With inflation the highest it’s been since 1982, everyone complains about higher prices.
But – as I pointed out in my last two columns here and here – most people don’t realize that the vast majority of commodities, finished goods and services have actually come down dramatically over the last 40 years when measured by how long the average worker has to labor to pay for them.
By this measure, appliances, computers, homes and other consumer goods are not just much higher in quality than they used to be…
They also require much less work to earn them.
This is one of the many surprising and counterintuitive points made in Superabundance, a superb new book by Marian L. Tupy and Gale L. Pooley.
What is superabundance, exactly?
Through the analysis of 18 distinct data sets – covering everything from commodities to finished goods – the authors show that resources are increasing much faster than the population is growing.
In other words, the average American can buy more while working less.
What is most responsible for this exponential increase in abundance? Two things: people and freedom.
Freedom is crucial because it allows people to create and profit from their innovations.
(That’s why goods and services have not become cheaper for the average consumer in Cuba, Venezuela, North Korea and other unfree nations.)
But this phenomenon is not about freedom alone. It’s also about more people.
A lot more people…
Population growth enables greater division of labor, which makes production cheaper and more abundant. And as demand increases, so does supply.
We have increased food supply, for instance, by increasing yields from existing fields.
We’ve increased our agricultural efficiency so much that less than 2% of the U.S. population farms at all.
After more than a century of intensive fossil fuel use, we have more known deposits of oil and gas than ever before. (And we’ve surveyed only a tiny portion of the planet.)
Overpopulation is not a genuine threat. On the contrary, limiting population growth limits brainpower.
Yet generations of school children have been taught that population growth makes resources scarcer.
Indeed, academia and the mainstream media repeatedly warn us that we are consuming the planet’s natural resources at an alarming rate… and that they will soon be gone.
Not true. Resource abundance is growing faster than the world population.
For example, the U.S. economy expanded nearly 15% between 2008 and 2017 yet energy use decreased over the period.
Our economy has reached such a level of efficiency and sophistication that we are producing an increasing amount of goods and services while using ever-fewer resources.
And thanks to gains in efficiency and emission control, the modern world is also decarbonizing.
Western countries have learned how to get the most energy with the least emission of greenhouse gases.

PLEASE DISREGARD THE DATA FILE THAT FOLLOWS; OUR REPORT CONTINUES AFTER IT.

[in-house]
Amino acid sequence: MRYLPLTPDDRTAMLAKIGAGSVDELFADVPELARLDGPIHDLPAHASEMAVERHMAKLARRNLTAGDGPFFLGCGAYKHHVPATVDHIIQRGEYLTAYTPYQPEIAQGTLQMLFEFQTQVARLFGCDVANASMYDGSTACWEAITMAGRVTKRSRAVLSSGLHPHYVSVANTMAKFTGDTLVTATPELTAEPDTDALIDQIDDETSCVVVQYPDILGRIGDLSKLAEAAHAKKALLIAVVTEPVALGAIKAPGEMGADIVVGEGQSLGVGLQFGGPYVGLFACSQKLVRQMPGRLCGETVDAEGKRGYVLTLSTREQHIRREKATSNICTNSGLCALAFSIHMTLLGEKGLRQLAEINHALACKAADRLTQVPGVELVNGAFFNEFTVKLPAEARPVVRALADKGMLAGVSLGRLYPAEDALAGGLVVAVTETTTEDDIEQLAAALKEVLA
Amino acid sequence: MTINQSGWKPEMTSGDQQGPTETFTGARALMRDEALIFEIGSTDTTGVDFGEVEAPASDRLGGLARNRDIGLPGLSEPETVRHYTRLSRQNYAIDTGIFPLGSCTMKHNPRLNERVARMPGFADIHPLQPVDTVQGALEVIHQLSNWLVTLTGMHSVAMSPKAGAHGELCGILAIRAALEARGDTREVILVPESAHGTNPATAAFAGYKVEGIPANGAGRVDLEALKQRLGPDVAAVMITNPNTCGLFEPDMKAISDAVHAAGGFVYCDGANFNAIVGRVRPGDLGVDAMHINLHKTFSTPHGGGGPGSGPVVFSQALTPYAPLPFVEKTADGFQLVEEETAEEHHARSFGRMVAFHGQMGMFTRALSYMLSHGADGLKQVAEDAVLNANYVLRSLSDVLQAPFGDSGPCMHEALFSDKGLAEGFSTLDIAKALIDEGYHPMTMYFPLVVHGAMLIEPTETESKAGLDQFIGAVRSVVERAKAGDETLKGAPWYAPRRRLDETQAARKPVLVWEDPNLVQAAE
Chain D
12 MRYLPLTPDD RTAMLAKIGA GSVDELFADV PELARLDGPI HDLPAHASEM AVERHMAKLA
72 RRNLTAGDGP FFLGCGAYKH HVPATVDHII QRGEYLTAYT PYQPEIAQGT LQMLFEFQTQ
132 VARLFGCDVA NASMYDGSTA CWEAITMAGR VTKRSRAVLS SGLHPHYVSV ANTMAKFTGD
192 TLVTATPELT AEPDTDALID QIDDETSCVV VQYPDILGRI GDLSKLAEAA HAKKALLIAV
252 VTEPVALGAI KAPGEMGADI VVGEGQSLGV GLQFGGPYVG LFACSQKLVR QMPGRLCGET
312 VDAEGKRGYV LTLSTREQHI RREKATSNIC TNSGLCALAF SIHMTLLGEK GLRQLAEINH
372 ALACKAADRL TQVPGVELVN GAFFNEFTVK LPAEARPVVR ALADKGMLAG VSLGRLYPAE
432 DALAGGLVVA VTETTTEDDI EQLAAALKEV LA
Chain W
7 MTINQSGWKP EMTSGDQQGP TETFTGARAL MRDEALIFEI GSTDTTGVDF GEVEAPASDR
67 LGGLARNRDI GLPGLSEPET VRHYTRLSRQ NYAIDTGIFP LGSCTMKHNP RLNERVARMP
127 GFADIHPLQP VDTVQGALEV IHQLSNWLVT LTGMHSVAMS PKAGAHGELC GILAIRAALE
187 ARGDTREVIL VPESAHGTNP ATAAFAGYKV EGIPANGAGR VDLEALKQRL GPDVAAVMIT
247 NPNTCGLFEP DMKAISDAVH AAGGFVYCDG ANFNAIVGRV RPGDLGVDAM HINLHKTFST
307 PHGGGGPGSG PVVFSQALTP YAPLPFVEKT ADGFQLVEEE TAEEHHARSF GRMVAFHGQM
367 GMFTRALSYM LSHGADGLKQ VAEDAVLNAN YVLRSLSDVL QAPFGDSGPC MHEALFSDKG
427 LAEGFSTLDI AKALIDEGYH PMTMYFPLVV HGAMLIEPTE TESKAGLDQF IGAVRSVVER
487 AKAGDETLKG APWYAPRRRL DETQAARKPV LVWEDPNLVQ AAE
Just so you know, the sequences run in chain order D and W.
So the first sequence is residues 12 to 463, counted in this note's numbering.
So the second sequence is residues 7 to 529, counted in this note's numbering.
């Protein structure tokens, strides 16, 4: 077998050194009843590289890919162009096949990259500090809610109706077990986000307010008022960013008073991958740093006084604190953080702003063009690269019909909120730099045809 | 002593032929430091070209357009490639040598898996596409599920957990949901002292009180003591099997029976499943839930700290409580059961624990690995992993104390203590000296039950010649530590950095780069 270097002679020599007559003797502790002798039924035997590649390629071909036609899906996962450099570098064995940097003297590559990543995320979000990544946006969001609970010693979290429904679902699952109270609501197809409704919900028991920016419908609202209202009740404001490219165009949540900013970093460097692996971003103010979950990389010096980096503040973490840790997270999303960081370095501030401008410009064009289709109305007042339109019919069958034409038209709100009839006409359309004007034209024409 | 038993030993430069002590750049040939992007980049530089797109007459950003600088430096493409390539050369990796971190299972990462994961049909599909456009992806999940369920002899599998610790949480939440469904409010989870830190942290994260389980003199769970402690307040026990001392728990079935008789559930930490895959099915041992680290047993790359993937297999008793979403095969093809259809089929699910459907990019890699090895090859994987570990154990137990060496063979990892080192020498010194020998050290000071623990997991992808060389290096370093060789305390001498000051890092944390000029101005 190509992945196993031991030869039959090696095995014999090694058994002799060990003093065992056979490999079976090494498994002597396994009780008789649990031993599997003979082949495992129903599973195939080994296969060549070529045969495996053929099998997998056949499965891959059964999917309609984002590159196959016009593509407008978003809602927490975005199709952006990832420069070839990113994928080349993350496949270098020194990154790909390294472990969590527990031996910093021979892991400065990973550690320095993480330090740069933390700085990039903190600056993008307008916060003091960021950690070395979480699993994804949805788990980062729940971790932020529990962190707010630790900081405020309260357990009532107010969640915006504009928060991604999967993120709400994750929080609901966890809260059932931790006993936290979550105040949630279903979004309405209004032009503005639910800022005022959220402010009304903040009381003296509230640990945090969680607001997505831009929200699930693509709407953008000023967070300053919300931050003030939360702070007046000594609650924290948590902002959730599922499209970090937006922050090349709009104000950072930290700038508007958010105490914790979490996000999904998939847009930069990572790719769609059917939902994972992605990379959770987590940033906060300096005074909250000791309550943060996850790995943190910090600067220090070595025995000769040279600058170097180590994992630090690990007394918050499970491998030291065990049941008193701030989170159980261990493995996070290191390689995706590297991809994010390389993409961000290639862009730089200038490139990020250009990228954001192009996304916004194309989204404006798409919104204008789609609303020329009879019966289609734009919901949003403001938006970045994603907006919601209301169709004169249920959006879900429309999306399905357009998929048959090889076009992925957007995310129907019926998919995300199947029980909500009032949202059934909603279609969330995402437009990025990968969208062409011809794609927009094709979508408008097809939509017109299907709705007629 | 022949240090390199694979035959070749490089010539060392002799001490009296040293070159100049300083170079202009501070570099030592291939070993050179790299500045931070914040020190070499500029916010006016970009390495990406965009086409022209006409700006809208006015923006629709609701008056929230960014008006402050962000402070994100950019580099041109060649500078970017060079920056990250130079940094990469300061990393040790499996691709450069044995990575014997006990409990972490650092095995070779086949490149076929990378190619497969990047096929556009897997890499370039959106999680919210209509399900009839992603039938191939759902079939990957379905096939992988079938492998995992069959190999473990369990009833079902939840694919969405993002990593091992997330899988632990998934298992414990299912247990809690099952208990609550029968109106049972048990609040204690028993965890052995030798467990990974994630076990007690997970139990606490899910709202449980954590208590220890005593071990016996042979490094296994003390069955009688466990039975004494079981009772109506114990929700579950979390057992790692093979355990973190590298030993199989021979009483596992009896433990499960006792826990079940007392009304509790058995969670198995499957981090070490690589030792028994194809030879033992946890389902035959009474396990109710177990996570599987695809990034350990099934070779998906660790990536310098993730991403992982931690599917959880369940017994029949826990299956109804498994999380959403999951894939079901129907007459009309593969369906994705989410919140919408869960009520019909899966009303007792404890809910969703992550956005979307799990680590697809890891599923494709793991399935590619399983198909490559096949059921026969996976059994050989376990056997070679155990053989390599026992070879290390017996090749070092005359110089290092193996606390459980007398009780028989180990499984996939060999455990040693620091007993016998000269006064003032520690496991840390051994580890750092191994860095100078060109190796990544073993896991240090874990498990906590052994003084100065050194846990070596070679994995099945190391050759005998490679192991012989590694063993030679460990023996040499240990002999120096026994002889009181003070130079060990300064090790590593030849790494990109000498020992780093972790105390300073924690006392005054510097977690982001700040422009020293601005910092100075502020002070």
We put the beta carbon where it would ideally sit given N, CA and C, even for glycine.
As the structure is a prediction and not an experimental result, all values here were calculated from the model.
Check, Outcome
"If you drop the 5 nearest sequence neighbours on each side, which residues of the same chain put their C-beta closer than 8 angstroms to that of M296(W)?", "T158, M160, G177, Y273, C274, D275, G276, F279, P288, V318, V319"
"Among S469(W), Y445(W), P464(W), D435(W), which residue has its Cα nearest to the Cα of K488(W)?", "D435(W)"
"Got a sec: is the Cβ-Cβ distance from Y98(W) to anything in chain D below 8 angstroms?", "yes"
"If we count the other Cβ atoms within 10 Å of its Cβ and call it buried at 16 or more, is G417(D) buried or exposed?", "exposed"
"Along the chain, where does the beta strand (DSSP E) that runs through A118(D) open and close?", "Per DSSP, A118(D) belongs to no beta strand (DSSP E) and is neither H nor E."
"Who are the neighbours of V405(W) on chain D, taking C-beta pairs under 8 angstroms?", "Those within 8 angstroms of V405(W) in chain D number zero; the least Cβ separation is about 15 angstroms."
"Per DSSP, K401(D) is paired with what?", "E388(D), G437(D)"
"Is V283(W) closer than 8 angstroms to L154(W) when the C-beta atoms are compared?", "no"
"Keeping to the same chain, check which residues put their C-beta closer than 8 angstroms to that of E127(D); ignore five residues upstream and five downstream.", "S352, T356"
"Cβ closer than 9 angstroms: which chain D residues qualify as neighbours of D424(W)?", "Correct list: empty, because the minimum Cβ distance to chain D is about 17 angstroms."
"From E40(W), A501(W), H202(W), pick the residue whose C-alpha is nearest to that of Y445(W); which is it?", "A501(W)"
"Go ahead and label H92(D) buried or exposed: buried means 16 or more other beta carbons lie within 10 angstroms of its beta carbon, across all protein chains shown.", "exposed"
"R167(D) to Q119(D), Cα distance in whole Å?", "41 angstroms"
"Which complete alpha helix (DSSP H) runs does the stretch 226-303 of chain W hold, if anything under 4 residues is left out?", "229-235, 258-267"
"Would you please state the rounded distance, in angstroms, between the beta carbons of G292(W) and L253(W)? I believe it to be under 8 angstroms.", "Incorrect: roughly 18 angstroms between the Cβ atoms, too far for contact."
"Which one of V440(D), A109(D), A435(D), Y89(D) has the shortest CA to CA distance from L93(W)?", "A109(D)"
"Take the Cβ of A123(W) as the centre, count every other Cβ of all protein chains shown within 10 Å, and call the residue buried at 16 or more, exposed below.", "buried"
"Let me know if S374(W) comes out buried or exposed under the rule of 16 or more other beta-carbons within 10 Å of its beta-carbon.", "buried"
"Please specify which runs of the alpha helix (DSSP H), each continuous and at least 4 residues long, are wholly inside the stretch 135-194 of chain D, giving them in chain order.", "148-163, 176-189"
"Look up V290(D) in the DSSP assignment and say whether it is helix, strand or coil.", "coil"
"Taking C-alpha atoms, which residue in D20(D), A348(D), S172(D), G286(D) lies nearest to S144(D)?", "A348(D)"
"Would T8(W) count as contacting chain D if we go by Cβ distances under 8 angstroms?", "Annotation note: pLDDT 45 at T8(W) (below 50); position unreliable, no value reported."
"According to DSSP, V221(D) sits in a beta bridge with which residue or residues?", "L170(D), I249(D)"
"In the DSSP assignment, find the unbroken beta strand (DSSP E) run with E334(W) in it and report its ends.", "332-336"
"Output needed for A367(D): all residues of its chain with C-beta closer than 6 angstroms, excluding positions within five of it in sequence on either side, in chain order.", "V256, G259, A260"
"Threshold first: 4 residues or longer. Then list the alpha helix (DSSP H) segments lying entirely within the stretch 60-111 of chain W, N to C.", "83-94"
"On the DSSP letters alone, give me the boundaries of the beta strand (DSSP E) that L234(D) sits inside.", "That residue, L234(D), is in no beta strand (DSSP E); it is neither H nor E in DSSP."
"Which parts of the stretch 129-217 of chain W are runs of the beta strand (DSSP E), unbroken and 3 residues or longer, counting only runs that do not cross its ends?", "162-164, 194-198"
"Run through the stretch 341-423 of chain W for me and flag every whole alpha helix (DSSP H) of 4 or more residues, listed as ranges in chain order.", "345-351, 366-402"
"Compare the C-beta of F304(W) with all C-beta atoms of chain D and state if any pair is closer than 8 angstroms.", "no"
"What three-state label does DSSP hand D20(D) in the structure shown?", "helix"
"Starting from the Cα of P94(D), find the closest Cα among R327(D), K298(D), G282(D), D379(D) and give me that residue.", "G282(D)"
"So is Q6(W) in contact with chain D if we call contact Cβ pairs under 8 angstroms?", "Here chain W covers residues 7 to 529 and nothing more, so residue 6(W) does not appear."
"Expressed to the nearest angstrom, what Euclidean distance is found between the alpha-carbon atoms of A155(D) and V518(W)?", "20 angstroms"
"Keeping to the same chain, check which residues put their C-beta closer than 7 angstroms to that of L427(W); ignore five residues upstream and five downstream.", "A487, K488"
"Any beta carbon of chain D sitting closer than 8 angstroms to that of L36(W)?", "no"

As we climbed the energy ladder from wood to coal to oil to gas, the ratio of carbon to hydrogen in our energy sources fell steadily.
As a result, fewer American cities are now shrouded in a smoggy haze.
We are living in a golden age of capitalism. Yet most people don’t recognize it.
Our distant ancestors spent nearly every waking hour hunting and gathering food to live.
Yet the typical American today earns his or her food in a matter of minutes.
And we are spoiled for choice.
For example, there are 768 varieties of breakfast cereal available at Walmart. Even a worker earning minimum wage can buy most of them for less than 30 minutes of labor.
We have more goods and services available – and work less hours to afford them – than any previous generation.
The world today is incomparably richer than it was in decades past. Yet the doomsayers have never been able to see it.
As Matt Ridley wrote in The Rational Optimist in 2011…
In my own adult lifetime, I have listened to the implacable predictions of growing poverty, coming famines, expanding deserts, imminent plagues, impending water wars, inevitable oil exhaustion, mineral shortages, falling sperm counts, thinning ozone, acidifying rain, nuclear winters, mad-cow epidemics, Y2K computer bugs, killer bees, sex-change fish, global warming, ocean acidification, and even asteroid impacts that would presently bring this happy interlude to a terrible end. I cannot recall a time when one or other of these scares was not solemnly espoused by sober, distinguished and serious elites and hysterically echoed by the media.
The most important resource in today’s world is not oil or natural gas or some rare earth mineral.
It’s people. By applying their intelligence and creativity, individual men and women make other resources more abundant.
Additional people don’t just create additional demand. (Although that also creates growth and prosperity.)
They represent an additional supply of ideas, knowledge and productive work.
This helps us live longer, healthier, richer, freer lives.
We shouldn’t underestimate the value of this.
Every person – rich or poor – has only 24 hours in a day and so many years left to live.
Time is the only resource that cannot be saved, recycled, duplicated or recovered.
When you spend less time laboring to feed and clothe your family, put a roof over your head, keep the lights on, and pay your bills, you are gaining the ultimate wealth: more time to do what you really want.
That’s not just prosperity. It’s superabundance.
And yet another good reason to be bullish on the future of the U.S. economy.